Title: Assessing the effectiveness of three hillslope stabilization treatments for reducing runoff-erosion processes and controlling nutrient losses in fire-affected ecosystems
Authors: Jonay Neris1*, Stefan H. Doerr1
Affiliation: 1 Swansea University, Dpt. of Geography, College of Science. Swansea SA2 8PP, West Glamorgan, UK
Abstract: In the last decade major advances have been made in the field of hillslope stabilization treatments aimed at reducing runoff-erosion processes in fire-affected environments. However, the effect of these treatments on nutrient losses and their effectiveness in volcanic terrain have not been sufficiently evaluated to date. The objective of this paper is to fill these knowledge gaps by testing wood shreds mulch, pine needles mulch and polyacrylamide (PAM) as post-fire treatments. Rainfall simulations were conducted in two fire-affected sites in Tenerife (Spain) and runoff samples analysed to evaluate the effect of the stabilization treatments on nutrient losses. The results highlighted the effectiveness of the wood shred and needle mulches to reduce runoff and erosion processes. Both treatments significantly increased infiltration rate and decreased runoff coefficient, sediment yield and sediment concentration in the runoff in comparison to the control areas. PAM, however, reduced the infiltration and promoted the runoff processes, although it had no effect on the erosion response. Only the wood shred mulch showed a significant impact on nutrient losses, reducing the concentration and amount of ions transported by runoff. These findings highlight the effectiveness of the wood-based mulch for reducing runoff-erosion processes and preventing soil degradation.
Title: Effect of salvage logging on soil hydrological behaviour in a Mediterranean forest recently affected by a wildfire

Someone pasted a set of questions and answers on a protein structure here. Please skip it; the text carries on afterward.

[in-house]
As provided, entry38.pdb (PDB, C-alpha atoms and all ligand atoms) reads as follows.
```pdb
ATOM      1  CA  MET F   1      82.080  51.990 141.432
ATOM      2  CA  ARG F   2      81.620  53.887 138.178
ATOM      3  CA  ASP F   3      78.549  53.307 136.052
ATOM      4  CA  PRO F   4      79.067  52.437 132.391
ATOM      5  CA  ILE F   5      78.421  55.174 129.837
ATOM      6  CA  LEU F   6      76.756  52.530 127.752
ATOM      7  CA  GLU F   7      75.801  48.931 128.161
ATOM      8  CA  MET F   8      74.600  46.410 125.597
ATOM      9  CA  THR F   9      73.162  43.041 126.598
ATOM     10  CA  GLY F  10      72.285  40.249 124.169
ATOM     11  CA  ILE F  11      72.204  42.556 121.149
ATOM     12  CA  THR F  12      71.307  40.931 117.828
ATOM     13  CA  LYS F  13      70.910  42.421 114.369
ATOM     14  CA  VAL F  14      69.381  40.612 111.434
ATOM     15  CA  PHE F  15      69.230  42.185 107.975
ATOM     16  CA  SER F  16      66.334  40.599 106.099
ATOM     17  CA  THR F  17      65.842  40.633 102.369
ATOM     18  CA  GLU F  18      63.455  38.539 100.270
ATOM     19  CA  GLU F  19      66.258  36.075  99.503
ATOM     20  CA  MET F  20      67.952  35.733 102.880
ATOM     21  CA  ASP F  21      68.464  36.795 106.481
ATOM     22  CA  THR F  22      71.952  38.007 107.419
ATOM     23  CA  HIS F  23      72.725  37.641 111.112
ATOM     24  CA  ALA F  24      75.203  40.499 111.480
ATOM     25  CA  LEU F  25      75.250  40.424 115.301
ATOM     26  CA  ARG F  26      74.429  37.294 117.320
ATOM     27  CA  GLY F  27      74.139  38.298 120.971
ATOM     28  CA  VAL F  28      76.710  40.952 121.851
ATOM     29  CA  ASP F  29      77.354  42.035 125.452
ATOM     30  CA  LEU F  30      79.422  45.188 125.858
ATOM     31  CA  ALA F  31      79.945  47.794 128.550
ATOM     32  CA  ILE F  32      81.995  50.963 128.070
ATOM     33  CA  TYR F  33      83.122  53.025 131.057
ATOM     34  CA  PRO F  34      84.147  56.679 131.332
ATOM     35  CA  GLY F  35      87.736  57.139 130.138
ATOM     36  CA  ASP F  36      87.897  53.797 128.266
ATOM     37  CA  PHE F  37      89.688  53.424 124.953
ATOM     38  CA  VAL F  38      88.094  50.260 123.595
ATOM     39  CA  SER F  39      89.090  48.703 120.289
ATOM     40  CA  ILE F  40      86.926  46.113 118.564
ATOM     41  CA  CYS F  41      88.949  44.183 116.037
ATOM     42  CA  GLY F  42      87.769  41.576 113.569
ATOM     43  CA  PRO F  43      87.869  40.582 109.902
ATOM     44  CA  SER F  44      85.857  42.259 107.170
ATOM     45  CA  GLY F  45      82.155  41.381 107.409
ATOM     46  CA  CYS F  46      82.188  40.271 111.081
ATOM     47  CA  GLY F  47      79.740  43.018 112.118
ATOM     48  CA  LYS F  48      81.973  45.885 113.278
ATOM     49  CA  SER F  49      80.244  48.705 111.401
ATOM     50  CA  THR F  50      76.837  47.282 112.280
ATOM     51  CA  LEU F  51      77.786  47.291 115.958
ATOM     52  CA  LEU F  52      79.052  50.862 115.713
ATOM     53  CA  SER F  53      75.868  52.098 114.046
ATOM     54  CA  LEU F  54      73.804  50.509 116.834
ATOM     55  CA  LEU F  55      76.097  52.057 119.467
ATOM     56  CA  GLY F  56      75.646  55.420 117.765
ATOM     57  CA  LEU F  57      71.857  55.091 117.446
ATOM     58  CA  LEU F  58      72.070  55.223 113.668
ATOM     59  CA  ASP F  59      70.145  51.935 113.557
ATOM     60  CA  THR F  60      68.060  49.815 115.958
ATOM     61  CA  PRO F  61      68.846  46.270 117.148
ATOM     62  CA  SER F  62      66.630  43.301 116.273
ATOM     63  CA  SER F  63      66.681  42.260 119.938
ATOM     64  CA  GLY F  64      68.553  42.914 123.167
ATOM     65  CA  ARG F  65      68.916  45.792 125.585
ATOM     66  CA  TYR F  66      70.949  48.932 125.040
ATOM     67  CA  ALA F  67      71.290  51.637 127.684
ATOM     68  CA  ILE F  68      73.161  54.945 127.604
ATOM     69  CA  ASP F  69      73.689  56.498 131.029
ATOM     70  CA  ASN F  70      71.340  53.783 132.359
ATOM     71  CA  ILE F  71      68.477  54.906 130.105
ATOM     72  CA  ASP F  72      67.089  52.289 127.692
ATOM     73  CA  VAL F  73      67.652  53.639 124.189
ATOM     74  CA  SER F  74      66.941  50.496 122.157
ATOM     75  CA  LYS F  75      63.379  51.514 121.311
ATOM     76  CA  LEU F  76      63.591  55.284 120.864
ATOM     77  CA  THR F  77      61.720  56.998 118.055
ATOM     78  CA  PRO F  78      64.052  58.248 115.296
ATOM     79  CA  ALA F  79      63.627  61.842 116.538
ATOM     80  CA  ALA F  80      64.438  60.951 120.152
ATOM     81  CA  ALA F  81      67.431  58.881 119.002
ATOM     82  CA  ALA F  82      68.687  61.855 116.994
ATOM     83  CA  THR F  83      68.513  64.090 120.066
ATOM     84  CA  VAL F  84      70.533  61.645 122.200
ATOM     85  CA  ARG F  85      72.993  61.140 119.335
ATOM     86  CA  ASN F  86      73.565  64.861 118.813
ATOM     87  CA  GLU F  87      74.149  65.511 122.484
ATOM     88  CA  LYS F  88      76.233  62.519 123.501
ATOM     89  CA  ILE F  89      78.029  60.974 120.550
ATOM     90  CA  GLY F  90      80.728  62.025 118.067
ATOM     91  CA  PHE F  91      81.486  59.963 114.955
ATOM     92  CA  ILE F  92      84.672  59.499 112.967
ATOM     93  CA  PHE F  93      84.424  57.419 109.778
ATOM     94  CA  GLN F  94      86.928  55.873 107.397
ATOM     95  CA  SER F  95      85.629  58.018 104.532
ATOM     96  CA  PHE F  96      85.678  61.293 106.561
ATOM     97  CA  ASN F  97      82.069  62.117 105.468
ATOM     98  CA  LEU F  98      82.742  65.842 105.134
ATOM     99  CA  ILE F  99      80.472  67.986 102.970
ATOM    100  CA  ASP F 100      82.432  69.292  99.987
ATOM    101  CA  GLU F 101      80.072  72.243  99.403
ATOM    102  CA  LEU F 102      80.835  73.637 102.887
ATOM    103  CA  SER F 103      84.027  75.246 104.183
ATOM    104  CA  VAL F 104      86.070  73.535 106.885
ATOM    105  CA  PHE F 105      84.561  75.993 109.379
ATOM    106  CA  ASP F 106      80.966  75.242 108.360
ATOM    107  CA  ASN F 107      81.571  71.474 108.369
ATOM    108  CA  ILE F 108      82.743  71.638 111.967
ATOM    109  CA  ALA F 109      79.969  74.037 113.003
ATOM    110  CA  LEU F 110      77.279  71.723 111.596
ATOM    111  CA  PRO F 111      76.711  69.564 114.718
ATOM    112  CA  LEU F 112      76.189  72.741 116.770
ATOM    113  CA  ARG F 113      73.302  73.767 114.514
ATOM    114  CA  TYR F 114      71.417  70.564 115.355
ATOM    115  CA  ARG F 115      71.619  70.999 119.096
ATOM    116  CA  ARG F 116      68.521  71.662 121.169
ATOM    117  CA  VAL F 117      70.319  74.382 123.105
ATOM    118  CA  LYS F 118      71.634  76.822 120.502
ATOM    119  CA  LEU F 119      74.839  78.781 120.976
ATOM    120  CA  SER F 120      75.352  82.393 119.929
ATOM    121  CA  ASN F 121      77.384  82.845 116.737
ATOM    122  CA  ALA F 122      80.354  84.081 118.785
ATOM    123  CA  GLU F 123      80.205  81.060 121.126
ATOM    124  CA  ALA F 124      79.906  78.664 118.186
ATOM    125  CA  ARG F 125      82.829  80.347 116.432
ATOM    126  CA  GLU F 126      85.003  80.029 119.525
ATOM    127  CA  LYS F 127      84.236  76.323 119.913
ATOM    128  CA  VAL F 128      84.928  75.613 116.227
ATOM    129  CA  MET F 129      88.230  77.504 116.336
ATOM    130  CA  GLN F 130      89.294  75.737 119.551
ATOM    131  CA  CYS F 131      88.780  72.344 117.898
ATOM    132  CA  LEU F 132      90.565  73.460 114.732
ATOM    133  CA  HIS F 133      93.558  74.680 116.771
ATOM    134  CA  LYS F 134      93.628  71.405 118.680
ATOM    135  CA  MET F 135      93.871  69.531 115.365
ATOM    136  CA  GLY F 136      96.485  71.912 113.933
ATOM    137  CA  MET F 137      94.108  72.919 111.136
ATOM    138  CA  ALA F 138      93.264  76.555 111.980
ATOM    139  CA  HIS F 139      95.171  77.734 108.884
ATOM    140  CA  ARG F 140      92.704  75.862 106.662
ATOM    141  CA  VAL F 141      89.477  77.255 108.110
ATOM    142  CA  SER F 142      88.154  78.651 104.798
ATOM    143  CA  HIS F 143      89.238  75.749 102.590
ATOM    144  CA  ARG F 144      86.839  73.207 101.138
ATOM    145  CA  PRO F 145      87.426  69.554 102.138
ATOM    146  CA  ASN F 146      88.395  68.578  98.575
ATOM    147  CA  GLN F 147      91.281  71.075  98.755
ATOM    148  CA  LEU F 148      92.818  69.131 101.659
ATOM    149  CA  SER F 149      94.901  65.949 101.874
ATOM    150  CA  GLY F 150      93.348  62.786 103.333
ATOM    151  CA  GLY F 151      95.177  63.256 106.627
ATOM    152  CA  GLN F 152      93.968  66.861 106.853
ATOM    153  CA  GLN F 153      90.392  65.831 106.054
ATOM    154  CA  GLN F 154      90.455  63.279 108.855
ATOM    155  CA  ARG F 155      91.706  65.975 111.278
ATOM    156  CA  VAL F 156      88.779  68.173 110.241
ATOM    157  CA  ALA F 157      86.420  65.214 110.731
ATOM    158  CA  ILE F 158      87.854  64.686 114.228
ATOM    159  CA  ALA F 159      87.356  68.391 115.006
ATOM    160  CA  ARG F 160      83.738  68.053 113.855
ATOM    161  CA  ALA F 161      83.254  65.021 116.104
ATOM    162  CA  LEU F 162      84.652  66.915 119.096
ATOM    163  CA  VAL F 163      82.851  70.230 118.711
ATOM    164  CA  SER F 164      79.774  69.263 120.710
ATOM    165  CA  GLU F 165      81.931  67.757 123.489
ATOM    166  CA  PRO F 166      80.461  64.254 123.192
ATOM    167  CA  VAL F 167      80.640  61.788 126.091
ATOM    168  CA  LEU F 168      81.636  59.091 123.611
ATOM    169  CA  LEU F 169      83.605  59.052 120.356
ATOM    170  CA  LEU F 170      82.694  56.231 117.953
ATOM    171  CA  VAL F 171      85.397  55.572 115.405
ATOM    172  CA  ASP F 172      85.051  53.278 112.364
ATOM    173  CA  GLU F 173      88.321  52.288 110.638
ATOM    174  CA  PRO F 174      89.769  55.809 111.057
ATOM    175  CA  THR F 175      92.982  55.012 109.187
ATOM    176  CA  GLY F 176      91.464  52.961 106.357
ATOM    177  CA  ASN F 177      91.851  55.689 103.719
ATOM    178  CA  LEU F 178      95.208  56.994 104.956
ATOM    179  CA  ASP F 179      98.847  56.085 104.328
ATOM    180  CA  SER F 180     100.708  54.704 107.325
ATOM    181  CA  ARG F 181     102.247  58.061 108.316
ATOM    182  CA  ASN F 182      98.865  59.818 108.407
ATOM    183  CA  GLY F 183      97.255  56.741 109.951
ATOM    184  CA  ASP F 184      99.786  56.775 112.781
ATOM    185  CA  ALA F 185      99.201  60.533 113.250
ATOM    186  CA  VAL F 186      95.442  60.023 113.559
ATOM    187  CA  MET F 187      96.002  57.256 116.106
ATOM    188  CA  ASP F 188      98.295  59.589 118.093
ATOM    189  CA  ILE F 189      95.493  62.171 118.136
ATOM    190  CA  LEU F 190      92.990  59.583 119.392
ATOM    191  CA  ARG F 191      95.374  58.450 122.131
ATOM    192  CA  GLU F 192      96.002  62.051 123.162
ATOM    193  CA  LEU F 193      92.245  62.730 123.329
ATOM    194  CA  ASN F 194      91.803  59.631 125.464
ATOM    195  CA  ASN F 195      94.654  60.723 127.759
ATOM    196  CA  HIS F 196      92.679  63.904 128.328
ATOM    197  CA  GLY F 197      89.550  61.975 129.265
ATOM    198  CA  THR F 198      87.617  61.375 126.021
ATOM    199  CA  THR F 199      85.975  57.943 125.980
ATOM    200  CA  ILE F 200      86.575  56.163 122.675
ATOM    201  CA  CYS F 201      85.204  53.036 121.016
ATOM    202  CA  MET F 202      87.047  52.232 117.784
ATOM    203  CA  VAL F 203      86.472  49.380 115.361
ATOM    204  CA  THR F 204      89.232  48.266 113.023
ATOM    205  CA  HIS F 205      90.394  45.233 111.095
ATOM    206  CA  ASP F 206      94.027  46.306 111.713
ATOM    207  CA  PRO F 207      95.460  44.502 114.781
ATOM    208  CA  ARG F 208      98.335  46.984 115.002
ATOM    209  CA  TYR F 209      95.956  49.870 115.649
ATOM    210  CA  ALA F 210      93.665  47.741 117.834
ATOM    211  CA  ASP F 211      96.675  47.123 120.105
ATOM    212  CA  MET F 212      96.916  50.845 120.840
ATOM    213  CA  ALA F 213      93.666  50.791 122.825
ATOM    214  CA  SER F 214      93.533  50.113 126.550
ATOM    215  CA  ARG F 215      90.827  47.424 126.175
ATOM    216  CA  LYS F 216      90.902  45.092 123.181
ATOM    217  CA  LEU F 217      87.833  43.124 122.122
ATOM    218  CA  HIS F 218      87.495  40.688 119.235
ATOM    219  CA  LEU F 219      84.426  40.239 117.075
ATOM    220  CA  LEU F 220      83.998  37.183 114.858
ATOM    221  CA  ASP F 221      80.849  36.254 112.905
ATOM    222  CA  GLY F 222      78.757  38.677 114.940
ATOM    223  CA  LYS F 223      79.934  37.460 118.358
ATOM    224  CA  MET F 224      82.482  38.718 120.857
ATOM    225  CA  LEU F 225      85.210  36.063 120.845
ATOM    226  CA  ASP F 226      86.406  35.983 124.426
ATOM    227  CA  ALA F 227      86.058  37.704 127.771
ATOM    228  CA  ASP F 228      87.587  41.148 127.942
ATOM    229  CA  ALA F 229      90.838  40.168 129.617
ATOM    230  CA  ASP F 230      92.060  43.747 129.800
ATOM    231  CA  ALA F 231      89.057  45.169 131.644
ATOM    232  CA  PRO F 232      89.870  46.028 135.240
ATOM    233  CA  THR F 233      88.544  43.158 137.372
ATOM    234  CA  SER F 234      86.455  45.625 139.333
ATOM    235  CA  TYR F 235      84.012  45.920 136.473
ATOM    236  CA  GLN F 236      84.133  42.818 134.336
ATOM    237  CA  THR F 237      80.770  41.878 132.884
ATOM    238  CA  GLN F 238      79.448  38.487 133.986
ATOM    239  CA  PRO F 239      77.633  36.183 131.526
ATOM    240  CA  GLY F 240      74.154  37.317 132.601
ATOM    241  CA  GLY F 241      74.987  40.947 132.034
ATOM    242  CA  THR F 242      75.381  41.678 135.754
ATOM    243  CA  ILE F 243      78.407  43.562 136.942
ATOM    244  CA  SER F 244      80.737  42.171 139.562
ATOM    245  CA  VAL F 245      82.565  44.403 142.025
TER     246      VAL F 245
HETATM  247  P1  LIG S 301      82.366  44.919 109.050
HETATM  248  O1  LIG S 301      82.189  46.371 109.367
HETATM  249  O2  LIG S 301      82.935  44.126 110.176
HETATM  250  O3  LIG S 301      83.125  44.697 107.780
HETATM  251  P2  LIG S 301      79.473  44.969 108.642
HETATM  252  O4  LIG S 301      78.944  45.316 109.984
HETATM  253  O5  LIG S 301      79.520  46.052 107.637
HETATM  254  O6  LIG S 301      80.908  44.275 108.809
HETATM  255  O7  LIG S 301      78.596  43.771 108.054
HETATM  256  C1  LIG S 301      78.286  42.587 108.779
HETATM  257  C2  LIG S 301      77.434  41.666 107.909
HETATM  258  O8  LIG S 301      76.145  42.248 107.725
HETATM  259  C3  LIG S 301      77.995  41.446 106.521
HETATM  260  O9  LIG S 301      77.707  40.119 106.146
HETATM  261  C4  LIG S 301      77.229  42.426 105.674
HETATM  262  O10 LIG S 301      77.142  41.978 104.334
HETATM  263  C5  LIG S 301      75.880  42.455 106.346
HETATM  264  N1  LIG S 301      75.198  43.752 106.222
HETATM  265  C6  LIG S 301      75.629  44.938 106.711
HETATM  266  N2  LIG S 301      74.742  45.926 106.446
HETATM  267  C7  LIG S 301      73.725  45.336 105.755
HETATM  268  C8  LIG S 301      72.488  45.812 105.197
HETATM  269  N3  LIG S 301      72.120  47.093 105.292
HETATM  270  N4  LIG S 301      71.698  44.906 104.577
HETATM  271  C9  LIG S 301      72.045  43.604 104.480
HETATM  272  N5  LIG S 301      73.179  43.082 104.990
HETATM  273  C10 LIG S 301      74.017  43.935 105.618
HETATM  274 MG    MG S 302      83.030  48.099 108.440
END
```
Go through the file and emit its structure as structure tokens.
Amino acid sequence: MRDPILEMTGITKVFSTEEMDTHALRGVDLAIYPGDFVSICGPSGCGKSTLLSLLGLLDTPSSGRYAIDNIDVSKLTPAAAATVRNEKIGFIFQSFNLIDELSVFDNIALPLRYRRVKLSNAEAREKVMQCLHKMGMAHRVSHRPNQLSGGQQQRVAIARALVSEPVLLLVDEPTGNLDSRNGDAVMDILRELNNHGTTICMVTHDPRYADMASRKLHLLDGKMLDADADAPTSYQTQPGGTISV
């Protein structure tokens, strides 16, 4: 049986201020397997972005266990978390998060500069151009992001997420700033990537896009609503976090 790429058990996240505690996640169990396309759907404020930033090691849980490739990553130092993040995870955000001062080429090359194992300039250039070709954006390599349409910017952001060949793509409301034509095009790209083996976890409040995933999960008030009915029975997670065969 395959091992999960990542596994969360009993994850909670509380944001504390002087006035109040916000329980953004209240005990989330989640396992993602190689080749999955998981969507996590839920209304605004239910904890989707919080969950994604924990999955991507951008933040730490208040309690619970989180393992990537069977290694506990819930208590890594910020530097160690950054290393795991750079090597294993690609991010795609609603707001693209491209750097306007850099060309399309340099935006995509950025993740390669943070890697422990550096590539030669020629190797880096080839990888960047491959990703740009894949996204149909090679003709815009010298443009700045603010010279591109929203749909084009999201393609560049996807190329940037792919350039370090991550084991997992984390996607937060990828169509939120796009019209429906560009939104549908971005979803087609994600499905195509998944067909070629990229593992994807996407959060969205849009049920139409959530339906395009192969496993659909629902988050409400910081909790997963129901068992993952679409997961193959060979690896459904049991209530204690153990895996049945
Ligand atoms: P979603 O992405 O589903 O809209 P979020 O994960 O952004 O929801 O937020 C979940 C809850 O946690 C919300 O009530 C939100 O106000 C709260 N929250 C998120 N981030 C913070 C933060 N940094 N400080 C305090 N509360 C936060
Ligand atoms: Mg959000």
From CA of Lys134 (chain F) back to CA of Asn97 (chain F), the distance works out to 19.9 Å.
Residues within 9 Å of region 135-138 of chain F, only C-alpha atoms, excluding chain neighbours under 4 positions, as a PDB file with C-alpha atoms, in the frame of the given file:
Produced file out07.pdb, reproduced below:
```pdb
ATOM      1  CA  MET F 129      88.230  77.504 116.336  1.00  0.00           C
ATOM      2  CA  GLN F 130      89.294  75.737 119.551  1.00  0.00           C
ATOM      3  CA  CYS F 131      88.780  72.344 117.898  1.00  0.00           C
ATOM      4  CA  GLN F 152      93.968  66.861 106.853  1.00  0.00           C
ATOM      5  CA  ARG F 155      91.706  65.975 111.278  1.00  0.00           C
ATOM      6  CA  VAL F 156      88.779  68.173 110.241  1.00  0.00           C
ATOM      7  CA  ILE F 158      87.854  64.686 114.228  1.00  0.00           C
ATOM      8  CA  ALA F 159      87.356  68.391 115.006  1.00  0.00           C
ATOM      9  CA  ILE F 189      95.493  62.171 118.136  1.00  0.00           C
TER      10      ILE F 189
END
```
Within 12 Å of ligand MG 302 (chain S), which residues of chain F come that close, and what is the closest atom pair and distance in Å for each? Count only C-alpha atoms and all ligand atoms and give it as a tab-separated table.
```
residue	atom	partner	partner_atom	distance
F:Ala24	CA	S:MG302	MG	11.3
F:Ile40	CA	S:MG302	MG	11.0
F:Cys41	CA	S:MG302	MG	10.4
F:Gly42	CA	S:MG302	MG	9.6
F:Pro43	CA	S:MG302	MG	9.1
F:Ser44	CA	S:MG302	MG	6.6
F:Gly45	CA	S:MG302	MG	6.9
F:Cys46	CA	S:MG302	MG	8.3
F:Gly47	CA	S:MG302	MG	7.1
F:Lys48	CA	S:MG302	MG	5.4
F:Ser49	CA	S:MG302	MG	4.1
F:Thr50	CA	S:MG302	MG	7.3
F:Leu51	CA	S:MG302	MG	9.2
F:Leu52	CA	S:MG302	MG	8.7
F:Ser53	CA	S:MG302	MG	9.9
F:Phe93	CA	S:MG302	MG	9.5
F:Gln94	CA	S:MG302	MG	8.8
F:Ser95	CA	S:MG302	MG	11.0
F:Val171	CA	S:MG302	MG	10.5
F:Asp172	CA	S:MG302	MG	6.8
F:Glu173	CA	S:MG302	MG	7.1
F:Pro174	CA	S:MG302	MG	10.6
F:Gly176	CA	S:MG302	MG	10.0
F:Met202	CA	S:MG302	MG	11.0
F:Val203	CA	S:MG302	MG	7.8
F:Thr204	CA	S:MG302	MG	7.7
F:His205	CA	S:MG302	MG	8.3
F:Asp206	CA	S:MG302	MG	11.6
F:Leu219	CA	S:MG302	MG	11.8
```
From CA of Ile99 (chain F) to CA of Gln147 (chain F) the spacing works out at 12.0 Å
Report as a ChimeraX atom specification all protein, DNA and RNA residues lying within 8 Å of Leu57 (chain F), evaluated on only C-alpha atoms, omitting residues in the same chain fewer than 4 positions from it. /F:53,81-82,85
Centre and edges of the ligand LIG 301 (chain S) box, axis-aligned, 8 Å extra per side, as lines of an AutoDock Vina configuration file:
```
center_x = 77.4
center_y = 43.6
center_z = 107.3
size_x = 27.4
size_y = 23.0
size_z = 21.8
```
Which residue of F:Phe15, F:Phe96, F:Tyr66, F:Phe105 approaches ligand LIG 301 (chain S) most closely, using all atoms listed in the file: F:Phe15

Authors: Mataix-Solera 1, K. Chrenková 1,2, P. Dlapa 2, V. Arcenegui 1, P. Arnaiz 1, F. García-Orenes 1, A. Cerdá 3, E. García-Sánchez 1
Affiliations: 1 GEA, Department of Agrochemistry and Environment, University Miguel Hernández. Avda. Universitat, s/n, 03202, Elche, Alicante, Spain (email@example.com)
2 Department of Soil Science, Faculty of Natural Science, Comenius University, Mlynská dolina B-2, 842 15 Bratislava, Slovak Republic
3 Soil Erosion and Degradation Research Group, Department of Geography, University of Valencia, Valencia, Spain
Abstract: In Mediterranean areas, water availability for plants is the main limiting factor for ecosystem restoration after fire. Post-fire management can have a negative impact on the soils that in some cases is even more severe than the fire itself. Salvage logging (SL) is a common management technique in fire-affected areas, but carrying it out, by using heavy machinery, leads to a consequent increase in the vulnerability to erosion and soil degradation. We monitored some soil properties in an area affected by a big forest fire (>500 has) in July 2012. The study area is located in the “Sierra de Mariola Natural Park”, Alicante (E Spain). The forest was composed mainly of Pinus halepensis trees with an understory of typical Mediterranean shrub species. The soil was classified as a Typic Xerorthent developed from Miocene marls. In February 2013, the SL treatment, comprising a complete extraction of the burnt wood using heavy machinery, was applied in a part of the affected forest. Plots for monitoring were installed and in a similar nearby area there was no treatment (control C) for comparison. Soil samplings were done immediately after treatment and every 6 months. We found that all soil properties were negatively affected by SL treatment compared with C plots: a progressive decrease with time of soil organic matter content, microbial biomass, soil respiration, aggregate stability, water holding capacity and an increase in bulk density were observed. In May 2014, undisturbed soil cores (100 cm3) from both treatments (C and SL) were taken in order to study water retention curves. Results showed differences between treatments, most likely due to differences in the pore size distribution of soils and the strong influence of parent material. The underlying marl rocks contain only very fine pores and thus they are “impermeable” once saturated with water. The water does not infiltrate into these rocks but flows down the surface and increases the erosion. The soil samples from SL treatments have higher content of coarse pores and thus they retain more water under wet conditions compared C samples where the humus horizon is preserved. But they have a lowered ability to retain water at high water tension in dry conditions. The soil samples from C plots showed the best properties. The soils have relatively stable structure and higher content of finer pores and thus the soil retains more water in dry conditions compared to the eroded soil at SL plots.